Ketan

  2. Vikas says:

    Hi Rohit,

    This site seems slightly crispier. I like both as they are clutter free.

    thanks for the analysis.

    Vikas

  3. Vikas says:

    I like the name.. rcfunds..:-) Well..that the first step..:-)

    It reminds me of Robertson Stephens Funds, company that I worked for in SF downtown. The year was 1998, RS and Montgomery Securities were the leading Investment Management firms in SF at that time.

    Some sweet memories..:-)

    Vikas

  4. admin says:

    Hi KD
    the earlier look was sharper, due to the darker fonts possibly. i personally have zero programming skills and will probably take professional help to improve my blog

  5. admin says:

    Hi vikas
    thanks for the feedback. i have tried to keep the clutter down consciously.
    rcfunds is proposed name of the funds i wish to start 🙂 so it is a first step in the direction.
    didnot know that you worked with an investment funds. would like to discuss with you about it ..can you send me your email ?

  6. Vikas says:

    Come on Rohit, you have my email aleady..:-) :
    vic_rana@yahoo.com

    I worked in IT, crunching numbers for Fund Managers.:-)

  7. admin says:

    dude ..you keep changing your name 🙂 usually you use vic ..changed it to vikas here.

  8. Vikas says:

    It is either Vic or Vikas..:-) No other change. 🙂

  9. siddharth shukla says:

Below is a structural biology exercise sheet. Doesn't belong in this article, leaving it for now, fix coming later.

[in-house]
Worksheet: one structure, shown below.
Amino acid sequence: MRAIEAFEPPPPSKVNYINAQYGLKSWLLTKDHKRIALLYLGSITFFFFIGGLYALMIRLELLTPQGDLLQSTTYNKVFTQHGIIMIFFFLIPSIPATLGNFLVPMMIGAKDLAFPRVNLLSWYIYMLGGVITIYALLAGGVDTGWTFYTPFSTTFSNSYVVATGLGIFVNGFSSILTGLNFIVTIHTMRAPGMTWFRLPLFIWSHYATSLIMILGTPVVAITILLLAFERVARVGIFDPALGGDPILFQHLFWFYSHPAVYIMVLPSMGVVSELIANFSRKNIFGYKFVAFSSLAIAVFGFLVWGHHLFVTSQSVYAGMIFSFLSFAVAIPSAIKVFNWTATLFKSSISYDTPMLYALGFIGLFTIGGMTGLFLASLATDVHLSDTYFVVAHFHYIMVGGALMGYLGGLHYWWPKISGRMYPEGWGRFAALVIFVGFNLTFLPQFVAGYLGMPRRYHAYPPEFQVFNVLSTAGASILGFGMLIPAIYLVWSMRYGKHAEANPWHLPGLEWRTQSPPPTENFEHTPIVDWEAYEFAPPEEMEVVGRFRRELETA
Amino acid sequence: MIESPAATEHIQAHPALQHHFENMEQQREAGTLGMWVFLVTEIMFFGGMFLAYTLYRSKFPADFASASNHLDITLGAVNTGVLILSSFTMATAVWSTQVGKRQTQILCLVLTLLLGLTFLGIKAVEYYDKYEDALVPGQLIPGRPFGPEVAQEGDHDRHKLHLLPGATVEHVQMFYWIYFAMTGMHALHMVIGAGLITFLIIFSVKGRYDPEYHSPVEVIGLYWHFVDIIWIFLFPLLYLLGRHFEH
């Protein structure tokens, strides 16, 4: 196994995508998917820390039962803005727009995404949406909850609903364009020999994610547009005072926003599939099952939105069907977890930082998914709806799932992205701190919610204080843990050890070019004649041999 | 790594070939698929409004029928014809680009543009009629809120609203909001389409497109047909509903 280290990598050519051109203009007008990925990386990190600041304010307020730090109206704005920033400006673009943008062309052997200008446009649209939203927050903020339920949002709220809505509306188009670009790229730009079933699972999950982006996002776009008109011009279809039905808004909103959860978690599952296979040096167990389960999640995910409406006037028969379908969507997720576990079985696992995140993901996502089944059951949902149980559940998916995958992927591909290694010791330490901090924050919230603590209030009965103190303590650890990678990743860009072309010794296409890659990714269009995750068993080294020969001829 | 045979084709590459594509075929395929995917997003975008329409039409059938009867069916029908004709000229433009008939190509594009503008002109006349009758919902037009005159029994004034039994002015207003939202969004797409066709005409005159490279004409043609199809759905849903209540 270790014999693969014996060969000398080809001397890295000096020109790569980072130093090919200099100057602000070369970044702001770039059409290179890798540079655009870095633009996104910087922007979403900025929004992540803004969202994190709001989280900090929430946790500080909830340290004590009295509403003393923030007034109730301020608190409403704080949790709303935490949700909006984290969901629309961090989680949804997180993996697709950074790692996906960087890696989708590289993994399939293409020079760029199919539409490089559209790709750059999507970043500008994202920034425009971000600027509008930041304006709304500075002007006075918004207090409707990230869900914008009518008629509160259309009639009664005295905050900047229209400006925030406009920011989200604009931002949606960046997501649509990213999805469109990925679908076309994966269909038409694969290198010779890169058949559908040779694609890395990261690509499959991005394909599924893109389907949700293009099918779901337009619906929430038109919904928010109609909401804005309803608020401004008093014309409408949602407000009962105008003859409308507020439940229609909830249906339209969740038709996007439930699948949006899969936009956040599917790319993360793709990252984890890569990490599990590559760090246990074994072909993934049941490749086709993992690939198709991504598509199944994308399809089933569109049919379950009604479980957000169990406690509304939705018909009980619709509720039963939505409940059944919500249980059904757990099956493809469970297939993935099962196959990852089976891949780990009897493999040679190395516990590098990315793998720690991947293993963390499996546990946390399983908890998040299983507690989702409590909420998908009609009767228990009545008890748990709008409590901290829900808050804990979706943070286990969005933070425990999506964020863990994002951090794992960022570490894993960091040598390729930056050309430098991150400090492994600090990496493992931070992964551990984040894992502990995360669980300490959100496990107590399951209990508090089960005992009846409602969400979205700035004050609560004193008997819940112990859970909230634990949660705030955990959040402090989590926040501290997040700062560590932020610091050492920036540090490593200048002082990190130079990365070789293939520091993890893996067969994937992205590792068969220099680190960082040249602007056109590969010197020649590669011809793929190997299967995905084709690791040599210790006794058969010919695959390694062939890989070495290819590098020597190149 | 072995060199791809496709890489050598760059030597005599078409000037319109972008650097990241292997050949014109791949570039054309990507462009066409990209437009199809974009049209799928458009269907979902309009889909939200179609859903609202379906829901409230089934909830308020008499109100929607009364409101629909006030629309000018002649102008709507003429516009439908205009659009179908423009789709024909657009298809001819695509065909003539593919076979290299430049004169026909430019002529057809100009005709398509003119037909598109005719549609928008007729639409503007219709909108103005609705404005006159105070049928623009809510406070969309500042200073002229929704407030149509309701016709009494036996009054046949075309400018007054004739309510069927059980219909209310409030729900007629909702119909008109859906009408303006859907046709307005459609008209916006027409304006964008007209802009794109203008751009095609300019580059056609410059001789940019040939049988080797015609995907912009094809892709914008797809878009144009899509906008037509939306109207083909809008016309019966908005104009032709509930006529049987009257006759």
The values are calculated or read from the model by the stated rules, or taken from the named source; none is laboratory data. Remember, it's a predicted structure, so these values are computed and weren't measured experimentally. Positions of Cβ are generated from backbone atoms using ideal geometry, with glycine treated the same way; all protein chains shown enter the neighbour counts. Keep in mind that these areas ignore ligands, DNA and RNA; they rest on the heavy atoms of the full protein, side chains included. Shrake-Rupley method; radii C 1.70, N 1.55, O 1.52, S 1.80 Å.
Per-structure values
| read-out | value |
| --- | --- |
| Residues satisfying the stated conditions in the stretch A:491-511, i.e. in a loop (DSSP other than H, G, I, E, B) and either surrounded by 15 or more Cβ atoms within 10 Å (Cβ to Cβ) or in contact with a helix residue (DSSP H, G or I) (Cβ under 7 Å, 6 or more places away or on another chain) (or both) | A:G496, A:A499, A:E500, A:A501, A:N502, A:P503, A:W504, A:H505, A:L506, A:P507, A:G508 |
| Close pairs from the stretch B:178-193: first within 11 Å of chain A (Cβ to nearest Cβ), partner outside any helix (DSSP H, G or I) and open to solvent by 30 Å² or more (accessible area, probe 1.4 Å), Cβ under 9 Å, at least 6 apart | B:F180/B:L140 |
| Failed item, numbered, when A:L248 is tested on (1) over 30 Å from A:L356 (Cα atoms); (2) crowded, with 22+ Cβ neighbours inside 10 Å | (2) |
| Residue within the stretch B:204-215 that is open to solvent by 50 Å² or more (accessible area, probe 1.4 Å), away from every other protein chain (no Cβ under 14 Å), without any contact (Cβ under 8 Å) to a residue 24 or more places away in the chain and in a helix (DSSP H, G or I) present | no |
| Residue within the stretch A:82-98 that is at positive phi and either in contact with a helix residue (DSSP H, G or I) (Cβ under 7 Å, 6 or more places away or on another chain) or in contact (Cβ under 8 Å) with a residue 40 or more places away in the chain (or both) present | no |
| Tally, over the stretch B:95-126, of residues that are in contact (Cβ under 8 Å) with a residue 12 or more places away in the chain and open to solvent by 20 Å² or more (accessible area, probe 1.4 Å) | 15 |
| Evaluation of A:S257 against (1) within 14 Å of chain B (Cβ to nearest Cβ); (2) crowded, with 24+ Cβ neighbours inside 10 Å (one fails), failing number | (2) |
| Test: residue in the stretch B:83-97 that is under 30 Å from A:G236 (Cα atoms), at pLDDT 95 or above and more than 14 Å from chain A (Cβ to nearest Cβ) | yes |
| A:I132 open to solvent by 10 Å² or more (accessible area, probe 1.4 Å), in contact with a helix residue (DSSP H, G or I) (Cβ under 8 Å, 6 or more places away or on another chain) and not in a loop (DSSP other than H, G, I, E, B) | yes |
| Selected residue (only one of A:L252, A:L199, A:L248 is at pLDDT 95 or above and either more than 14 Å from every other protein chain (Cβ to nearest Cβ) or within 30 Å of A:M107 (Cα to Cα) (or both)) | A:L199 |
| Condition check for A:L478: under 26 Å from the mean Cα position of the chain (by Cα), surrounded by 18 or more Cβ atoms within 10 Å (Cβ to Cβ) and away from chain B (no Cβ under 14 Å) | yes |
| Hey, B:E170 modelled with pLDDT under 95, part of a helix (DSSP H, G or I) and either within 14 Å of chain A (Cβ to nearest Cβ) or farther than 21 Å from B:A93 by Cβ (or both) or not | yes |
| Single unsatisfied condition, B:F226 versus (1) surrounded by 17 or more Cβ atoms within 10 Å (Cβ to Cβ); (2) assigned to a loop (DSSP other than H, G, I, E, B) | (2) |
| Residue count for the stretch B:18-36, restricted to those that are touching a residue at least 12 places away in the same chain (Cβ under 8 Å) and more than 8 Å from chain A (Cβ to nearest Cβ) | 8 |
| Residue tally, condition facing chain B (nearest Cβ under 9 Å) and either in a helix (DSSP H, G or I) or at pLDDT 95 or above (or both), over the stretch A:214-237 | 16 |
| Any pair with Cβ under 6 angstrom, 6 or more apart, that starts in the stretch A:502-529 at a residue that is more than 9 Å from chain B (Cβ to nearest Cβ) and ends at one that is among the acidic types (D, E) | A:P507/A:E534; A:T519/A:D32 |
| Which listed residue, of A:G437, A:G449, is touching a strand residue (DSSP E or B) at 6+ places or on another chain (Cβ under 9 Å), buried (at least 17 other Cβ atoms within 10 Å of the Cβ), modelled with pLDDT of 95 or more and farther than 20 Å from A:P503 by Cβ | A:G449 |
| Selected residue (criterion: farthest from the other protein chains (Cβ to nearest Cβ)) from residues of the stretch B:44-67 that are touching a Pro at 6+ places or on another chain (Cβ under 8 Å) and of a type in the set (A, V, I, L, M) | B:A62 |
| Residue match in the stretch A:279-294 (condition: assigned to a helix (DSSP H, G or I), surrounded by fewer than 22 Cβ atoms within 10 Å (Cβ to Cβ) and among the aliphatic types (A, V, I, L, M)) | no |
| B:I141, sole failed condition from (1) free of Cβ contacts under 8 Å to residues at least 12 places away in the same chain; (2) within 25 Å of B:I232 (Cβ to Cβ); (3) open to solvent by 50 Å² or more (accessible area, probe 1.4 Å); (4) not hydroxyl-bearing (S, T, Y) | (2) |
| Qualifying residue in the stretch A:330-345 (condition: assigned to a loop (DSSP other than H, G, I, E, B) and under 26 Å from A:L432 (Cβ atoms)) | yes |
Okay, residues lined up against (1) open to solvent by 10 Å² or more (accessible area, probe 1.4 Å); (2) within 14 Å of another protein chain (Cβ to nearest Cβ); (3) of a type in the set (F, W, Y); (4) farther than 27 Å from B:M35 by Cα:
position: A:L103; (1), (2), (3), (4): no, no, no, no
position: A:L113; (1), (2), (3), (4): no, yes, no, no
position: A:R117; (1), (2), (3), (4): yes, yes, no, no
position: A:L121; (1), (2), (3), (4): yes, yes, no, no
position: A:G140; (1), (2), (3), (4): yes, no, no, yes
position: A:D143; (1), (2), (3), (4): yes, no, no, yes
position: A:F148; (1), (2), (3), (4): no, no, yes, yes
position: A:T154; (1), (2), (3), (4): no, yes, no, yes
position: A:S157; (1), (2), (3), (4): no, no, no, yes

Hi rohit,
    Gr8 analysis as always. However i have a generic doubt regarding all your posts. As value investors shouldn’t we be looking at the cash flow rather than GAAP earnings???Why do u use ROE rather than something like CROCE or CROIC. Also even if u do look at GAAP earnings doesn’t looking at ROIC and ROCE make more sense than just looking at ROE. If the numerator in ROE is prey to accounting gimmicks, then how can one rely on these numbers(even cash flow can be facked tough,but it isn’t that common). I would be glad if you could answer my queries.

  10. admin says:

    Hi siddharath
    you are correct. cash flow is more accurate and should be looked at. In the DCF i do on my spreadsheets i do use FCF instead of earnings. however i use earnings as a short cut instead of earnings..in a lot of cases it is close, but in some cases such as capital intensive industries it is not. i however make those adjustments in my head and look at valuations accordingly.

    Also ROIC and ROCE are important too ..however i am looking at low to nil debt companies and hence both these numbers are close.

    in case of patni and several other companies, i have not done detailed DCF as the companies are so undervalued (@ 3-4 time earnings) that a 20-30% error would not matter as long as i get the basic thesis right, there is no accounting fraud and the management doesnt screw up big time.

    in most cases i am looking at low debt companies, with low capex requirement, decent cash flow and decent accounting. these are sort of filters in selecting an investment. as a result a lot of companies with poor cash flow get knocked off.

    however you point is very valid for high capex companies and the DCF should be based on FCF. however in interest of simplicity in my post, i use earnings

  11. admin says:

    Hi vikas/ vic

    now i know ..will watch for it 🙂

  12. […] initiated the analysis of Patni computers in my last post. The rest of the analysis […]